Commemorating the flying heroes who died in our borough - “Never in the field of human conflict was so much owed by so many to so few”. Battle of Britain Day is next month.

  Posted: 27.08.20 at 11:05 by Susan Yates

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The latest in our occasional series of features by Thurrock Historial Society chair Susan Yates focuses on a time of commemoration.

THE 75th anniversary of VJ Day (Victory in Japan Day) was commemorated on 15 August.. In the pretty Thurrock village of Bulphan they commemorated the event by Mrs Iris Aedy of Bulphan Women’s Institute ringing the church bells 75 times.

They also remembered Pilot Officer Gerald Archibald Langley whose aircraft crashed at 12.30pm on Sunday, 15 September 1940. Gerald Langley, known as Gerry, was born in Stony Stratford in 1916 to Archibald Frank Martin Langley and Mary Elizabeth Langley. He was educated at Wolverton Grammar School and worked at the Prudential Assurance Company.

In March 1939 he became an airman under training and on 1 September 1939 he was called up. He underwent further training at No. 6 Flying Training School at RAF Little Rissington which went from 9 December to 17 June 1940.

The next day saw Pilot Officer Langley sent to 41 squadron RAF Catterick, North Yorkshire which had moved to join the Battle of Britain at RAF Hornchurch where the squadron saw some very heavy action.

On 11 September 1940 Gerry claimed a Junkers Ju 88 which was damaged but returned fire and hit his Spitfire X4325 over Sevenoaks but he bailed out unhurt. His luck however did not last. On 15 September his Spitfire P9324 was shot down while in combat with a Messerschmitt BF109S and he was killed. The Spitfire crashed at Wick Farm, Bulphan and burned out.

Pilot Officer Gerald Archibald Langley

Gerald Langley was 24. He left an estate of £622. 18s. 3d. and is buried in St. Peter and St. Paul Churchyard, Abington, Northampton. Pilot Officer Langley was just an ordinary young man who was thrown into the Battle of Britain action at its fiercest. He died on the day that the RAF. officially declared the defeat of the Luftwaffe. Like many young men he gave his life in defence of his country.

Tragic tale of three brothers

On 28 February 2004 I was present at Orsett Fire station for the dedication of a memorial to Wing Commander Reginald Joseph Cowan Grant DFC and bar, DFM, Royal New Zealand Air Force. Wing Commander Grant’s Mustang crashed on what is now the Southend-bound carriageway of the A13 opposite Orsett Fire Station.

Reginald Grant was born in Woodville, New Zealand on 3 June 1914 the middle son of Gertrude Isabella Grant nee Rowntree and William Edward Grant. Reginald’s older brother was William Edward Grant and his younger brother was Ian Allan Charles Grant. He also had a sister Veronique.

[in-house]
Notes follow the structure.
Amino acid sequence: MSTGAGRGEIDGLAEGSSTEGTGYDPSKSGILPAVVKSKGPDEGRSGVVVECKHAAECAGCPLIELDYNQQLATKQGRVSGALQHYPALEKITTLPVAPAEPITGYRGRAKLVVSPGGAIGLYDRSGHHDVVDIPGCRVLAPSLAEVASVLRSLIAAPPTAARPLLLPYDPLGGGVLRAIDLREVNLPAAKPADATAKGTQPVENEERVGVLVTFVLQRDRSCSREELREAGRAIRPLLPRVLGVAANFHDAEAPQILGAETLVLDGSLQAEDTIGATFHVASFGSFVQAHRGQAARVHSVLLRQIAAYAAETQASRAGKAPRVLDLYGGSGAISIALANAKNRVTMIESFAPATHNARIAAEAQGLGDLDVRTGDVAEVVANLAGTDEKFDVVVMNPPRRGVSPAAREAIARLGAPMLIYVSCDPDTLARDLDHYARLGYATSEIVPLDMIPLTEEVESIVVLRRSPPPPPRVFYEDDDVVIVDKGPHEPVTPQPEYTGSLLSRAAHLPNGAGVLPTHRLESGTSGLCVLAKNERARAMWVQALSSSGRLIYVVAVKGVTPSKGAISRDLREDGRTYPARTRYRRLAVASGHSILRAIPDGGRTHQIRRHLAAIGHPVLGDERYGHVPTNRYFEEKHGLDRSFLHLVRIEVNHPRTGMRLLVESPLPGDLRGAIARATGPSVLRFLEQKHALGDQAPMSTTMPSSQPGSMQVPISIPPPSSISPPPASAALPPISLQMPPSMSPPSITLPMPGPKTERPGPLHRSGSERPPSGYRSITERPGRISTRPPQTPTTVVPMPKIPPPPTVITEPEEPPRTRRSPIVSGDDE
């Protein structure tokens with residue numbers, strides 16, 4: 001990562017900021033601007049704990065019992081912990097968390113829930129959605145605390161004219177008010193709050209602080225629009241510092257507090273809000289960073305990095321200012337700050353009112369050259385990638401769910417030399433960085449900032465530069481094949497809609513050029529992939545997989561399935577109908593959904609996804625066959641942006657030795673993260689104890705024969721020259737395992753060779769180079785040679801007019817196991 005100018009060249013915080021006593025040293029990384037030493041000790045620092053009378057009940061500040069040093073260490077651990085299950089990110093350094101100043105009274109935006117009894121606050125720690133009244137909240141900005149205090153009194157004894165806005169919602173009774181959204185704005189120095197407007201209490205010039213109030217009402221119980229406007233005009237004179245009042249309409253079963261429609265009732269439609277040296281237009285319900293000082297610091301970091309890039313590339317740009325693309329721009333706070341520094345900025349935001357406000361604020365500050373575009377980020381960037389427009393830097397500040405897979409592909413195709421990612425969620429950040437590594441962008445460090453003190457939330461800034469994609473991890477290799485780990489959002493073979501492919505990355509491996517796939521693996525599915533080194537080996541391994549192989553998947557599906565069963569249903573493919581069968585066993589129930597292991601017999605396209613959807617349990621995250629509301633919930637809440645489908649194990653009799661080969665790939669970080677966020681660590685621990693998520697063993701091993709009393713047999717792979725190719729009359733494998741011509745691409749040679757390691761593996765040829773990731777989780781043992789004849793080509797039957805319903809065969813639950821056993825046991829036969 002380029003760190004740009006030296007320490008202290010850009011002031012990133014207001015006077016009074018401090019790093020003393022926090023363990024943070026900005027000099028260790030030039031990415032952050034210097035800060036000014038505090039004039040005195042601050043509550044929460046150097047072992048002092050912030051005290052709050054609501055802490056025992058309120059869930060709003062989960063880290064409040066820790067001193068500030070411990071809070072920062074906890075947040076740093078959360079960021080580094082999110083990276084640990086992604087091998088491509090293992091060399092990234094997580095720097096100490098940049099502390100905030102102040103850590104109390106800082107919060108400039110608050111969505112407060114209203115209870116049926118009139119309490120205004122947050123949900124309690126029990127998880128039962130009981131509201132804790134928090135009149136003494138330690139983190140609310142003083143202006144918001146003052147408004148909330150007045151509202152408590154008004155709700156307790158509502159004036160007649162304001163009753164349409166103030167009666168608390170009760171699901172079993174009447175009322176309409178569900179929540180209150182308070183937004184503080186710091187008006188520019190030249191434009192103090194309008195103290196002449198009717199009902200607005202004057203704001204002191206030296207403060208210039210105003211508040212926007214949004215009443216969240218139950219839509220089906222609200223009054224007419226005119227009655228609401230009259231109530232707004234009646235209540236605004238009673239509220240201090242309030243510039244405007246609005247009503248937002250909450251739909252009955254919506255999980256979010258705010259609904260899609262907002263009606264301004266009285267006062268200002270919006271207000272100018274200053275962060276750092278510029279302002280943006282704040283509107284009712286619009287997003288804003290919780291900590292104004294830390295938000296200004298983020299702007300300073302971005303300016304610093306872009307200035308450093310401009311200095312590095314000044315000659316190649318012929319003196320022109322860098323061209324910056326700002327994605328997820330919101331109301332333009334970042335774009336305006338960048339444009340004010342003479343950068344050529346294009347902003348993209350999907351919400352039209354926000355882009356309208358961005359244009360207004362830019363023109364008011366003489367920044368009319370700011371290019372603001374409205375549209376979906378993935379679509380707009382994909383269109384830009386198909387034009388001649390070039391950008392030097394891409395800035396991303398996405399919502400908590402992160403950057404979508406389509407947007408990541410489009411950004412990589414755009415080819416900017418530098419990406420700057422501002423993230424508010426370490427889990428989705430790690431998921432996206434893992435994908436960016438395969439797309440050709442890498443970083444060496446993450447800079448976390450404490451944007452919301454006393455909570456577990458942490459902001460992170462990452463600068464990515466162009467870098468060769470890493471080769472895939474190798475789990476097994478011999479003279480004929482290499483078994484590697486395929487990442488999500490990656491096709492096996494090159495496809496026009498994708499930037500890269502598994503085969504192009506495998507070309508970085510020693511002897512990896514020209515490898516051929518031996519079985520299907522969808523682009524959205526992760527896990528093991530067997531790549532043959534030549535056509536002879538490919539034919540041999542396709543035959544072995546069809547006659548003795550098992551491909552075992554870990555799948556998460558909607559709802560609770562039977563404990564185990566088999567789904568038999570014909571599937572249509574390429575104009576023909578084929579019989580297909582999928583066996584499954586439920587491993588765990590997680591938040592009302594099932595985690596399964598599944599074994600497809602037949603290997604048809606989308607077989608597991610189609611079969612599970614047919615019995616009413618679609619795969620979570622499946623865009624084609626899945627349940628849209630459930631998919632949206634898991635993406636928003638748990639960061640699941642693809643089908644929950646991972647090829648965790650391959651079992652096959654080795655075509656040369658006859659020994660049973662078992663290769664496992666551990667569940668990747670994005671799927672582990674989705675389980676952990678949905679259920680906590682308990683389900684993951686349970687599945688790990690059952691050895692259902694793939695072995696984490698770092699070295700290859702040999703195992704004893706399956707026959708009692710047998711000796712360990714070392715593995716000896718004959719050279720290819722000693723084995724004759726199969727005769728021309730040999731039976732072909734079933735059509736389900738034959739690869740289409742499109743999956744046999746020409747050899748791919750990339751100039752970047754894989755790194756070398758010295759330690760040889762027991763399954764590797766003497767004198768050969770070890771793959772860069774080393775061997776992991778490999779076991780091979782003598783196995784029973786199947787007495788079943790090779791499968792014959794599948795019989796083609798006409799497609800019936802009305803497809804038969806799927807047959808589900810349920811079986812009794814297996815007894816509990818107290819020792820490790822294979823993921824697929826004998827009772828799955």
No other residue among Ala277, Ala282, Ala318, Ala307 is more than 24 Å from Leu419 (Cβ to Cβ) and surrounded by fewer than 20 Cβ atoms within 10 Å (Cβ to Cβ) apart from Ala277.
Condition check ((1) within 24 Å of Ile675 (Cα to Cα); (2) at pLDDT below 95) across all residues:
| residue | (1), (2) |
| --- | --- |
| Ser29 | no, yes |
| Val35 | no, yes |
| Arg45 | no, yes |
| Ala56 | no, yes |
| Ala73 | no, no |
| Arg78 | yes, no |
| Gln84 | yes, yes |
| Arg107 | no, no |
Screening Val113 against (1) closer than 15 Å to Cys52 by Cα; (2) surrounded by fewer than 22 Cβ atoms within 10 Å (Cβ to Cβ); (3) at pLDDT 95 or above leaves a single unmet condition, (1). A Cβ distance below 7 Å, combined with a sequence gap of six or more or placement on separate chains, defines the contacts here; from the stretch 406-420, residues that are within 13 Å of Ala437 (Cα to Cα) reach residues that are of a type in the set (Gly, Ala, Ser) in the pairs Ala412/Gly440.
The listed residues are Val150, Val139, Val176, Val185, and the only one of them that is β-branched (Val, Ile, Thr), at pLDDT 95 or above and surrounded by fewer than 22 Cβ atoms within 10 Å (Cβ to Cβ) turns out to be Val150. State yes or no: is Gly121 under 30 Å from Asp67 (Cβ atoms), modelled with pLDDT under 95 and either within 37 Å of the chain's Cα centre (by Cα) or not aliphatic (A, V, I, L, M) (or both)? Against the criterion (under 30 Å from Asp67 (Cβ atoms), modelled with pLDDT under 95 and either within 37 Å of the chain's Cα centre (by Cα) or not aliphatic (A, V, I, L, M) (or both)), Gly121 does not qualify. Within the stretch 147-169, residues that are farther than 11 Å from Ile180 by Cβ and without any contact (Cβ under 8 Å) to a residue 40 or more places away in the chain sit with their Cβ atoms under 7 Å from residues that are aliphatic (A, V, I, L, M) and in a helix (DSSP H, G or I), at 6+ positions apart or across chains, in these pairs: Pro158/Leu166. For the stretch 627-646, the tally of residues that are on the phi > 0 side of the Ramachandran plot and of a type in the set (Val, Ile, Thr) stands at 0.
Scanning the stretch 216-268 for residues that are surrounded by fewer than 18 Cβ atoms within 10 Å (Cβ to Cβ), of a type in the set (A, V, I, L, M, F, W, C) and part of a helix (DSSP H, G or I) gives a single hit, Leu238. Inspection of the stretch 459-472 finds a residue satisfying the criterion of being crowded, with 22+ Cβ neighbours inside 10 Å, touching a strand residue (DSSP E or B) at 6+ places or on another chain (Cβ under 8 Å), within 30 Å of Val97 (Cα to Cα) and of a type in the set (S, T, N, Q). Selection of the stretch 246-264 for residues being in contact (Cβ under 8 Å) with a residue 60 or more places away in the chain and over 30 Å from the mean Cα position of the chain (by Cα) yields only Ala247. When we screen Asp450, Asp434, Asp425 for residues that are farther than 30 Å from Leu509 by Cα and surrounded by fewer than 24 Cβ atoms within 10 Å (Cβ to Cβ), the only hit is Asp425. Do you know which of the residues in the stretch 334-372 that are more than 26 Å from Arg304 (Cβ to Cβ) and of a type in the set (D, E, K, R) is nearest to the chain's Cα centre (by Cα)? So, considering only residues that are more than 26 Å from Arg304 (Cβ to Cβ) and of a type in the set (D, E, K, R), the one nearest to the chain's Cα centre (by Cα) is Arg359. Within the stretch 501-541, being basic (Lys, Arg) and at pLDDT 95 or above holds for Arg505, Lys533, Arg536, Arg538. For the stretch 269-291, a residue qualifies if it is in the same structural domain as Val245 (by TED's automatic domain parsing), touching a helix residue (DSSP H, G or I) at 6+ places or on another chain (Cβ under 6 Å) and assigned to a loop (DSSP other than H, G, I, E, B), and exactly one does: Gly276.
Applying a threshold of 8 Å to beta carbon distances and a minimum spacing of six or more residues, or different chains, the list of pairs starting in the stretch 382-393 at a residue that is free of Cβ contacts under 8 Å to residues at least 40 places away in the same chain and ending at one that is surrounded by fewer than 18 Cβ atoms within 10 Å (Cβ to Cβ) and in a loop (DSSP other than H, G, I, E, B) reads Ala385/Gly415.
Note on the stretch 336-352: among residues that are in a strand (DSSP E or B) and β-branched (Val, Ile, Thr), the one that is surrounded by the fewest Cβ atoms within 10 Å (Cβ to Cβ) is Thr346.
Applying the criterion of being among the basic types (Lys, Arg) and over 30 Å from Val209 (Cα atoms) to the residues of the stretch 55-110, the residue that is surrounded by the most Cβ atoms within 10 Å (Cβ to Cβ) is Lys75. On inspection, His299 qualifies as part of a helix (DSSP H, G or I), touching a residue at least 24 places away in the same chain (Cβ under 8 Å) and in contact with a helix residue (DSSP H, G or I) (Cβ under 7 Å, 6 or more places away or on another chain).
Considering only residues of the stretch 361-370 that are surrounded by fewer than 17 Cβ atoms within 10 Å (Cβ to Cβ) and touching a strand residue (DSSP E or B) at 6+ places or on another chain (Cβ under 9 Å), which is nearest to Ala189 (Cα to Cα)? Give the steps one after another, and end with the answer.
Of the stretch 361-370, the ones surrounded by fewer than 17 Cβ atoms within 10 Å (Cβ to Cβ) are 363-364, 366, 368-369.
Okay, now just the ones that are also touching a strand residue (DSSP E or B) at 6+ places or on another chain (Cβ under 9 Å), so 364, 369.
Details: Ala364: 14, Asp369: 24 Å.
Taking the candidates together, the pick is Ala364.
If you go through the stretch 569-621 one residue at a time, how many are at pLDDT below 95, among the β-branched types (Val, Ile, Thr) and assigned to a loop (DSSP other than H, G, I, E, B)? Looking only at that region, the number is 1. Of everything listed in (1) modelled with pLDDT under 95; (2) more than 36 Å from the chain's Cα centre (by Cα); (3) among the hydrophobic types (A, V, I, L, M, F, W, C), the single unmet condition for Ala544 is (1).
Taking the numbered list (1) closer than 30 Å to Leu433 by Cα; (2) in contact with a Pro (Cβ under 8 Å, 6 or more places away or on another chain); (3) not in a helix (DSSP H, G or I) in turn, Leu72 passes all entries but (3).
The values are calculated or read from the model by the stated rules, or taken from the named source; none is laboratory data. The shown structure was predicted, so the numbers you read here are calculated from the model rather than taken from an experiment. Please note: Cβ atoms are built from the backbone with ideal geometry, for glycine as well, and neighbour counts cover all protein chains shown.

He was educated at Auckland Grammar School and joined the New Zealand Air Force in November 1939 after working as a metal spinner. On completion of his training Sergeant Pilot Officer Grant service numbeNZ391352 was posted to the UK. He was initially in 20th Fighter Group, 485 Squadron then in 465 Squadron Royal Australian Air Force before joining 122 wing RAF.

Pilot Officer Langley's grave.

His older brother William while in the RAF died of illness on 2 February 1932. His younger brother Ian was posted to 485 Squadron in November 1942. On 13 February 1943 Ian Grant’s Spitfire was shot down over northern France near Calais. Reg Grant witnessed the event, shooting down the German fighter that was responsible but sadly his brother did not survive. On 28 February 1944 Reg Grant took off at 12.35 hours on a mission across the Channel in his Mustang Mk 111 no. FX996.

Shortly after take-off Grant reported engine trouble and broke away from his flight gliding down to approximately 1,500 to 1,000 feet. Grant bailed out. The plane crashed at Barrington Farm near Orsett. Grant died when he struck the ground having failed to pull his ripcord on his parachute. It is believed that possibly engine oil from his failing plane obscured his view or perhaps fumes stopped him from pulling the cord.

Thameside Aviation Museum carried out an excavation in the late 1980s but sadly very little was found at the crash site.

Wing Commander Reginald Grant was buried on 3 March 1944 at Brookwood Cemetery, Woking, Surrey. His memorial at Orsett Fire Station and the service on the 60th anniversary of his death were organised by Roger Pickett. Wing Commander Grant was only 29 when he died. He had flown 205 operations totalling 673 hours and had eight confirmed kills to his name. Yet another young man who had given his life for freedom.

Battle of Britain Day will be commemorated again next month on Tuesday, 15 September.

The Battle of Britain lasted from July 10 to October 31, 1941. It was the first major air force campaign and the largest aerial bombing campaign to that date. Nazi Germany aimed at gaining air superiority over the Royal Air Force and targeted the coastal shipping convoys and shipping centres.

The German Luftwaffe also started targeting aircraft factories and ground infrastructure and used terror bombing strategy to the areas of political significance.

Observation of Battle of Britain Day primary commemorates the flying aces and their contribution to the outcome of the battle. Winston Churchill said about the pilots the words, that are still remembered by the nation: “Never in the field of human conflict was so much owed by so many to so few”.

Battle of Britain Day is annually observed on 15 September, since it's the day, when the Luftwaffe embarked on their longest bombing attack against Britain. This event forced the entire Royal Air Force to be engaged in the battle in defense of London and the South East. This resulted in a decisive victory for Britain and marked a turning point in the course of the war.

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